Frederic Remington chronicled the American West in paintings, sculptures, and illustrations for periodicals such as Century Magazine, Collier's, and Harper's Weekly, and in books by Francis Parkman, Owen Wister, Theodore Roosevelt, and Henry Wadsworth Longfellow. Remington also recounted the American West in words. He served as a war correspondent in Cuba for the New York Journal, and wrote articles, short stories, and two novels, John Ermine of the Yellowstone (1902), and The Way of an Indian (1906). In his second novel, Remington explored what he confessed was an impenetrable mystery to him—the mind of an American Indian. The Way of an Indian tells the story of the tragic clash of the Indians of the Northwest with trappers, traders, and cavalry and the eventual extermination of a tribe. It traces the career of a Chis-chis-chash (Cheyenne) boy beginning with his first warrior experience, through successful battles, great leadership, defeat, old age, and inevitable death.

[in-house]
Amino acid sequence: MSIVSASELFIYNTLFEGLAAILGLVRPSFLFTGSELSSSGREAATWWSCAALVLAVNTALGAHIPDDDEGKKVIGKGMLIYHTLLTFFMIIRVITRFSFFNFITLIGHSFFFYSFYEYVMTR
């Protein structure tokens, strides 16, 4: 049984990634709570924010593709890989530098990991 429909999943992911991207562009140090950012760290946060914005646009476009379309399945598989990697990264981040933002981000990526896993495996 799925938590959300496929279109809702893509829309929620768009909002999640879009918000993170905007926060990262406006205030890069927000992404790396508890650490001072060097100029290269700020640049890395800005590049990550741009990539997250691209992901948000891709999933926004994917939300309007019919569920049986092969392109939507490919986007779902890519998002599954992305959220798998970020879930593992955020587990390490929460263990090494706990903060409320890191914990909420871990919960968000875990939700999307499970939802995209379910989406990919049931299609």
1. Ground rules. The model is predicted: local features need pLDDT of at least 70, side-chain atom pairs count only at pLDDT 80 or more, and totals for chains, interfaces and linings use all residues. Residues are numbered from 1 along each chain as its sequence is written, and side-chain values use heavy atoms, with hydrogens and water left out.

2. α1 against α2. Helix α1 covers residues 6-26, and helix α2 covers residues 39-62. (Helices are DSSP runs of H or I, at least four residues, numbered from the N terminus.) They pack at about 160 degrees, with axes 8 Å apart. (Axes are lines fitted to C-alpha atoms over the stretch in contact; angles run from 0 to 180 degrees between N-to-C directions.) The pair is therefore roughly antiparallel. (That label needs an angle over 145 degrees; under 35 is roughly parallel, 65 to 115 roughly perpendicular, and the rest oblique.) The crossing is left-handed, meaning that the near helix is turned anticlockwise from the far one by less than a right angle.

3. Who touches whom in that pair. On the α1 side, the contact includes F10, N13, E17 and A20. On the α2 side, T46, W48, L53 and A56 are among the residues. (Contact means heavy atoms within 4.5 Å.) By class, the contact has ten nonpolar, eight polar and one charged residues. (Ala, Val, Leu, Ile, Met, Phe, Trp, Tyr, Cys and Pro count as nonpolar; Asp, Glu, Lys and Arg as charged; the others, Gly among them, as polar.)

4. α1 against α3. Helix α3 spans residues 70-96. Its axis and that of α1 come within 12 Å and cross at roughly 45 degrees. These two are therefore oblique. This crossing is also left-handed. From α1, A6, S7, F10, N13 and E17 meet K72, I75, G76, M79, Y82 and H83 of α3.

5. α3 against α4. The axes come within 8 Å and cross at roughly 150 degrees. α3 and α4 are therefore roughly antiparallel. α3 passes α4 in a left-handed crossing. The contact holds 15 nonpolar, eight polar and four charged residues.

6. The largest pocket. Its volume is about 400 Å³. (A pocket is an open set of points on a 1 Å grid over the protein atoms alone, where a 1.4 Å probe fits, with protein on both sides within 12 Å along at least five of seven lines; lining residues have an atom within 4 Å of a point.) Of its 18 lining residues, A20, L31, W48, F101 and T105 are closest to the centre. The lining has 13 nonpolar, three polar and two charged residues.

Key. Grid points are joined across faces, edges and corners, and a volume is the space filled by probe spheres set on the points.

The black-and-white illustration displayed here, He Rushed the Pony Right to the Barricade, depicts an episode in which Remington's protagonist, then known as the Bat, will earn a new name, the Fire Eater. A party of Cheyenne warriors happen upon trappers driving heavily-laden pack animals. The trappers form a barricade out of their packs, and prepare a surprise for the on-rushing warriors:
"In an instant when it seemed as if the Indians were about to trample the Yellow-Eyes, a thin trail of fire ran along the grass for the barricade and with a blinding flash a keg of powder exploded with terrific force right under the front feet of the rushing ponies. . . . Four ponies lay kicking on the grass together with six writhing men, all blackened, bleeding and scorched. The other ponies reeled away from the shock. . . . All but one, for the Bat. . . rushed the pony right to the barricade. Firing his rifle into it swerving, he struck the bunch of trapper-horses which had already begun to trot away from the turbulent scene, and drove them off in triumph."
Visitors can view the oil painting Remington created to illustrate this scene displayed in this gallery.